Beauty of dementia
More than 10 percent of dad’s life was spent with some level of dementia, and this is ultimately what did him in. While this disease certainly has its devastating aspects, it would be wrong to say that this significant portion of his life provided any less joy for him or those around him than his earlier life. For me, my mother, my brother, my sister and their families, it was a chance to return some of his selfless love and generosity that we had been the fortunate recipients of for our entire lives. For him, it was a chance to “live for the moment.” His past became only that portion of his life that we would remind him of, either through pictures or words. And those were, of course, primarily the happy moments.
In his later years, dad loved to go for rides in the car. If he seemed to be a little down, we could take him for a ride, maybe past his boyhood home in Trommald, to Brainerd or Aitkin, or to our own old hunting grounds. He had a big smile on his face for many of these trips, and while he may not remember where we went, or even that we went on the ride, by the time he got back into the house he did maintain that good feeling of happiness for some time afterward.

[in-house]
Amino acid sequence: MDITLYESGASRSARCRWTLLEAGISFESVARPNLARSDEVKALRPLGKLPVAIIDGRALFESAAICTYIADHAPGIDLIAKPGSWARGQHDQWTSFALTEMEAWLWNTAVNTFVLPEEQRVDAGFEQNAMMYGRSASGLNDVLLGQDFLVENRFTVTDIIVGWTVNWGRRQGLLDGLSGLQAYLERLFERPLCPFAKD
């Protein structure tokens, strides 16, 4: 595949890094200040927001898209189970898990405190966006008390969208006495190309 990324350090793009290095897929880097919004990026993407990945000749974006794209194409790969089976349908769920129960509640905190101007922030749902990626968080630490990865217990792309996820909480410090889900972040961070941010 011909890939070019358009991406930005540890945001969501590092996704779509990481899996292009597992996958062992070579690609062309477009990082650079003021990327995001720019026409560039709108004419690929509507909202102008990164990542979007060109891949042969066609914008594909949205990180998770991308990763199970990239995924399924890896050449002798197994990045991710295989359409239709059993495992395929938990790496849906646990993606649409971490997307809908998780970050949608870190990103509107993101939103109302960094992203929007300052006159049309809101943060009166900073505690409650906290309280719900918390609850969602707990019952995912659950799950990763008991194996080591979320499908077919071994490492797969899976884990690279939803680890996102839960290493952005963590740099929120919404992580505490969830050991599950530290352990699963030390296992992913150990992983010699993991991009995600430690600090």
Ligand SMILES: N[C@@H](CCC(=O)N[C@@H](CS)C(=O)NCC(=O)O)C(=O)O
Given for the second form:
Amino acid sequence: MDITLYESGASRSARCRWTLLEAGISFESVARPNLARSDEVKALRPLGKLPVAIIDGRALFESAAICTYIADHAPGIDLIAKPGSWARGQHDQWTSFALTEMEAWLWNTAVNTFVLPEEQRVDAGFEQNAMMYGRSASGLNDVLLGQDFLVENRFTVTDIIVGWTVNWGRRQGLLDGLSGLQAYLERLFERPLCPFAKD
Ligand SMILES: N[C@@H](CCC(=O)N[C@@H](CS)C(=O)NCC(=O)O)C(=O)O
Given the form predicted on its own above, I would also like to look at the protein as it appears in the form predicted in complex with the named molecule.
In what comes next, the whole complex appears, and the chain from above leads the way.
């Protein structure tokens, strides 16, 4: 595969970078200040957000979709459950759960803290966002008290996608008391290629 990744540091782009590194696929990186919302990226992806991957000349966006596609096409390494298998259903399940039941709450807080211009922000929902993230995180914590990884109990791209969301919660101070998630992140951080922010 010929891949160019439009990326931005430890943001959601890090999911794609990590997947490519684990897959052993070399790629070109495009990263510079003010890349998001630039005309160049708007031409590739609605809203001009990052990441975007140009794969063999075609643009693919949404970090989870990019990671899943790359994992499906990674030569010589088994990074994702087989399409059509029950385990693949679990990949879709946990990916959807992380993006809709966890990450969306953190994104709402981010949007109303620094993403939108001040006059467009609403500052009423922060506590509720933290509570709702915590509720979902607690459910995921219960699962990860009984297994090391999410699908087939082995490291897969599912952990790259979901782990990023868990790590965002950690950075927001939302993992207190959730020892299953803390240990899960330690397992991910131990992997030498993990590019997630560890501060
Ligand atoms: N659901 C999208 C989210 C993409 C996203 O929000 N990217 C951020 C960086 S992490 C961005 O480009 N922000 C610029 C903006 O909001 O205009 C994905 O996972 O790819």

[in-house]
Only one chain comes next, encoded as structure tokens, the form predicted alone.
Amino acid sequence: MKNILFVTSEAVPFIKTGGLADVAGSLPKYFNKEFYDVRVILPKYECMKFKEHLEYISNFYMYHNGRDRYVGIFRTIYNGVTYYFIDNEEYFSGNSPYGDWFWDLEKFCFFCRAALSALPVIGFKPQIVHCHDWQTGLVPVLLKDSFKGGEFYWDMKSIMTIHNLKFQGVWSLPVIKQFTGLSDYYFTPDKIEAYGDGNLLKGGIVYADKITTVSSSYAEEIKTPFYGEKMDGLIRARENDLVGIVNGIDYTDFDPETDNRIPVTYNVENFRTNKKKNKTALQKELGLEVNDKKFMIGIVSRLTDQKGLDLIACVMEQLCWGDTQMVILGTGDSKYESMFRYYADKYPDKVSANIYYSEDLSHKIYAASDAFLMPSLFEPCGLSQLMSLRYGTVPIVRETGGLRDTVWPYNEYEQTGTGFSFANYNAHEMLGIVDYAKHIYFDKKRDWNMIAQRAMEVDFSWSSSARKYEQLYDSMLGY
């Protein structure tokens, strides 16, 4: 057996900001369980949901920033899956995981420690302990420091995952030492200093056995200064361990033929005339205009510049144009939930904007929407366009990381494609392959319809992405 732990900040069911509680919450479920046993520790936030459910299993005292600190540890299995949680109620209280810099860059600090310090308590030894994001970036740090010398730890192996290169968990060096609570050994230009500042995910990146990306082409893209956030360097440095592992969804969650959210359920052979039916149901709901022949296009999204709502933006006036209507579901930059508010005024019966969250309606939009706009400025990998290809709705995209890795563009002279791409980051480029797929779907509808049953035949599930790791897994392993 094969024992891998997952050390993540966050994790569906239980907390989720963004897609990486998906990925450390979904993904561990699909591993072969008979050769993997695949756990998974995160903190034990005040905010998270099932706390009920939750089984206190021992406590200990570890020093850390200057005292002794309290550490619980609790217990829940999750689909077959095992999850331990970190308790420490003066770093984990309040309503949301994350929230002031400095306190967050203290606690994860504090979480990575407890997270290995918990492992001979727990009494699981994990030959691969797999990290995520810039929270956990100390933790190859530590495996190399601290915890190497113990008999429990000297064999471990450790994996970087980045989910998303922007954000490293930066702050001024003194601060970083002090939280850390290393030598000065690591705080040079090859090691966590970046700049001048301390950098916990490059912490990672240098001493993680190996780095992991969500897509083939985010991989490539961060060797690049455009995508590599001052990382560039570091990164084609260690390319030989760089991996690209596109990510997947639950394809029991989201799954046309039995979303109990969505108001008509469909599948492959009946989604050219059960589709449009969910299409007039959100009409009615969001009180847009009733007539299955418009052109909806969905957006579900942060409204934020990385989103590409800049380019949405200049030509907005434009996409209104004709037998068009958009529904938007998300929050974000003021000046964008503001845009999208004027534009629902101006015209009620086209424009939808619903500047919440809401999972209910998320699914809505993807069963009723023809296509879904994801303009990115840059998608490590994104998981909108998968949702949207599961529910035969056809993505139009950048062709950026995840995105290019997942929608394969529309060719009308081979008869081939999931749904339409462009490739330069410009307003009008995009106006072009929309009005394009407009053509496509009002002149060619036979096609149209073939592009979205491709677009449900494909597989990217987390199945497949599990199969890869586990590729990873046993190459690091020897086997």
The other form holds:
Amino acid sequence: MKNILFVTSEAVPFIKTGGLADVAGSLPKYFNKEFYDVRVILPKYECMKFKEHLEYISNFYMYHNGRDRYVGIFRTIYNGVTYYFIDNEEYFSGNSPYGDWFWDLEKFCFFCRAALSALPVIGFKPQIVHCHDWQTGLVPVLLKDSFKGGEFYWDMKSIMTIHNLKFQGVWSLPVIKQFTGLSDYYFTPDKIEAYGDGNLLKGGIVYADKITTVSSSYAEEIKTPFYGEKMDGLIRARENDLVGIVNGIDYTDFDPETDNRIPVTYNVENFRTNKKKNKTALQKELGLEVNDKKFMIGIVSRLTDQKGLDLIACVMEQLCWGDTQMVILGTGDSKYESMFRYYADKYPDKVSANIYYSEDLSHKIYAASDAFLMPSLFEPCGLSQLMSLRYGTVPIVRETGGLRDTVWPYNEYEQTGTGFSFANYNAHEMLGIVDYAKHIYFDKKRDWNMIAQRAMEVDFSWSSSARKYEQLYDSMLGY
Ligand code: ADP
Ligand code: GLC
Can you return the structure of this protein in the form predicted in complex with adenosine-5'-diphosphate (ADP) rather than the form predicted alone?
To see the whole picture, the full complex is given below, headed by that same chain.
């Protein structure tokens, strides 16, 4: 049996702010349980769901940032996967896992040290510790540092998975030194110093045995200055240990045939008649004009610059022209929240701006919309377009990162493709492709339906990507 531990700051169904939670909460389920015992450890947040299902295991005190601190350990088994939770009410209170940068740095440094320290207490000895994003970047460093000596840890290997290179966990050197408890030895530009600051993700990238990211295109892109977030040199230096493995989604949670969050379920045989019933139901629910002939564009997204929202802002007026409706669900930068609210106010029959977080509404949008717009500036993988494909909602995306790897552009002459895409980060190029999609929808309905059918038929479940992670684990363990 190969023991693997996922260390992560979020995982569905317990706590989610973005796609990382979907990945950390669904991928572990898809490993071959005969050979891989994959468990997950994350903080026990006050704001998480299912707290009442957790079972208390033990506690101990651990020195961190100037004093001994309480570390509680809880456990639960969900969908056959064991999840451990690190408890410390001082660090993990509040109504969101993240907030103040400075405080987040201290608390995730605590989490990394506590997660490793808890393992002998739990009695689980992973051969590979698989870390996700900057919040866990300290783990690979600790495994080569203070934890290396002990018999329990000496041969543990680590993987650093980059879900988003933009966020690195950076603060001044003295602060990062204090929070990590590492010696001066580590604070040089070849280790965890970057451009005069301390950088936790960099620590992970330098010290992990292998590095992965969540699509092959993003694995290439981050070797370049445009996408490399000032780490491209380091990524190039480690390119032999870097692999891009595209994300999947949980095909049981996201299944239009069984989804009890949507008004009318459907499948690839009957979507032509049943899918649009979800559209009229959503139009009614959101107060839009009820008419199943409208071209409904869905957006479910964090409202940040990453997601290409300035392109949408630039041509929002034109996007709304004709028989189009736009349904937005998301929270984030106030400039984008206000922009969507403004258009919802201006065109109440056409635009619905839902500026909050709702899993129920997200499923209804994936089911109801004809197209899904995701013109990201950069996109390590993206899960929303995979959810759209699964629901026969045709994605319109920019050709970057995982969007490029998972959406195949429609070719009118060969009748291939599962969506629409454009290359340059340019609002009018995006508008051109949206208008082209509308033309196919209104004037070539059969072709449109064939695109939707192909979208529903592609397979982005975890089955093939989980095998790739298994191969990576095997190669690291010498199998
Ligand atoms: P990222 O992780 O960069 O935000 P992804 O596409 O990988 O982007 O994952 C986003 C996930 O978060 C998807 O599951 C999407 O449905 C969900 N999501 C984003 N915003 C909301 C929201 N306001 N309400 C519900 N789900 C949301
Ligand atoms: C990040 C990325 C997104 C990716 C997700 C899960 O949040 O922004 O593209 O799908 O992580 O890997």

While dad could no longer answer questions about what happened in the past, he still took joy in thinking about what was to come.
“What should we do tomorrow dad?”
“I don’t know,” he’d say.
“Should we have some fun?”
“OK,” he’d say, smiling.
“Should we go for a ride?” “OK,” he’d say with an even bigger smile.
I’ll miss this part of my dad’s life and personality just as much as I will miss his pre-dementia days.